In what might have been an all-time peak in an individual filmmaker’s expression of creativity, Francis Ford Coppola had his name on two great movies released during the single year of 1974 — “The Godfather, Part II” and “The Conversation.”
Both movies were nominated for the best picture Oscar and Coppola took home the best director statue for his work on the Mafia epic (“The Godfather, Part II” was named best picture).
“The Conversation” was overshadowed by “The Godfather, Part II” both in terms of box-office and critical response, but over the past 37 years the film about a professional surveillance man (Gene Hackman) has taken its rightful place among the masterpieces of a decade that remains a peak period for American filmmaking.
“The Conversation” was released by a major studio — Paramount Pictures — but qualifies as an independent film because Coppola maintained complete control over the movie as part of his deal with a new group called The Director’s Company (formed by Coppola and his fellow directors William Friedkin and Peter Bogdanovich to produce their own movies — sadly the company failed within a few years of its creation).
Although “The Conversation” was released in 1974, Coppola had been talking about the premise in interviews for many years.
Inspired by Michelangelo Antonioni’s 1966 art house hit, “Blow Up,” Coppola wanted to create a suspense story based on the recording of a seemingly innocuous event — the lunchtime conversation of two very ordinary-looking people (Cindy Williams and Frederic Forrest, above) wandering aimlessly through Union Square in San Franciso.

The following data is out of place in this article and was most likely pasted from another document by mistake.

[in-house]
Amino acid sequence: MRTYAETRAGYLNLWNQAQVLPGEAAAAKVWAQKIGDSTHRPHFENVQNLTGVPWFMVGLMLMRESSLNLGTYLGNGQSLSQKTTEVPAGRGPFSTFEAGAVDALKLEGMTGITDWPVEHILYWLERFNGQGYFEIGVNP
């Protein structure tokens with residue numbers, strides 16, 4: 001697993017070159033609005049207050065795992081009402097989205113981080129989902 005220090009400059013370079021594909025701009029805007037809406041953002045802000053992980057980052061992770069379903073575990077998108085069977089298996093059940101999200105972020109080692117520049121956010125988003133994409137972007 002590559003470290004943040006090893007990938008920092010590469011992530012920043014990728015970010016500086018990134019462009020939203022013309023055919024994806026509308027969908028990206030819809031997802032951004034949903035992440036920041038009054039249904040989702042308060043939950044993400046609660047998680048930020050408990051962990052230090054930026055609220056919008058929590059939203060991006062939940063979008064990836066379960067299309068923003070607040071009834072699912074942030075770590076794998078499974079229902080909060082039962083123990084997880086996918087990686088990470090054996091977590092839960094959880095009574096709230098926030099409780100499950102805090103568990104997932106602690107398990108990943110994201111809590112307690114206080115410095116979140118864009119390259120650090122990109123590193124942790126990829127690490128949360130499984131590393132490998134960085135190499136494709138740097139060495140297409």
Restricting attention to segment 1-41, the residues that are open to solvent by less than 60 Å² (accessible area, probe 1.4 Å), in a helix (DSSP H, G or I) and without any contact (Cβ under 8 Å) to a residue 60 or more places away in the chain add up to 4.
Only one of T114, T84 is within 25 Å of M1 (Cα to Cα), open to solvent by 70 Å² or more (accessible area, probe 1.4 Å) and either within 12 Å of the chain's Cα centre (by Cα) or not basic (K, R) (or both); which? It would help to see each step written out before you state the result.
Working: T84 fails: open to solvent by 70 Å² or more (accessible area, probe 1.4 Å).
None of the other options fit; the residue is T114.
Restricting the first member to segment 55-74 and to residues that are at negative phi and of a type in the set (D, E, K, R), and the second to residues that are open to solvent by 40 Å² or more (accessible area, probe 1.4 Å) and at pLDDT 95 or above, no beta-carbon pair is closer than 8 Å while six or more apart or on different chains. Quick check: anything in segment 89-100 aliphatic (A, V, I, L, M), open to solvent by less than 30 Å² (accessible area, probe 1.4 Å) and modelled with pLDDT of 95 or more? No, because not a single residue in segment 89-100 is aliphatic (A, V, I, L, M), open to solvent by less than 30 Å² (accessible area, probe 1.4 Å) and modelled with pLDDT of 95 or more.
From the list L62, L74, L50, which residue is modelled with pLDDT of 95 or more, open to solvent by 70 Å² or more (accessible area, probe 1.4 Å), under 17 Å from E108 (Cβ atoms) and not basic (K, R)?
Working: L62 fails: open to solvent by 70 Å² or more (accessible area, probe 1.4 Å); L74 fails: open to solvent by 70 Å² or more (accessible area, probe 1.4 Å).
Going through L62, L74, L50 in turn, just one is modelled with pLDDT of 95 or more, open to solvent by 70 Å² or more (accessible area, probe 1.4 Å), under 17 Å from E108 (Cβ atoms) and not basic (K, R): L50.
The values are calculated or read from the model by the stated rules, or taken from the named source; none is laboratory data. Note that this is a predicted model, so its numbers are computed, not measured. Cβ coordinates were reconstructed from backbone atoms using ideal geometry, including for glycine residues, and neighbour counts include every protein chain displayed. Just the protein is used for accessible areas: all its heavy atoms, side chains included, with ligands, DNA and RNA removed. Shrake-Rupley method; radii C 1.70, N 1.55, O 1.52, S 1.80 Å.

In “Blow Up,” a photographer takes some random shots of two lovers in a London park, but as he starts to develop and print the pictures he realizes something sinister was afoot. He might have evidence of a crime.
In “The Conversation,” professional surveillance man Harry Caul realizes as he assembles his surveillance tape for a rich client (Robert Duvall) that the lives of the two young people in the park might be in danger.
(Antonioni appeared to have been heavily influenced by the endless analysis of the 8mm film that Abraham Zapruder took on Nov. 22, 1963, of President John F. Kennedy’s assassination — different people saw different things in each of the frame enlargements.)
Both movies are about the limits of technology and the way that physical evidence can contain mutlple meanings depending on your perspective.
The timing of the release of “The Conversation” proved to be perfect because the country was in the middle of its Watergate fever fueled by the release of secret tapes that had been made in the Nixon White House. Bugging and covert surveillance were page one news and the blandly impersonal Hackman character looked like he could have worked for one of the Nixon “dirty tricks” squads.
Now that we live in a culture where many people don’t seem to care about privacy — indeed, they prefer to let it all hang out on Facebook and Twitter — the issues raised by “The Conversation” are more timely than ever.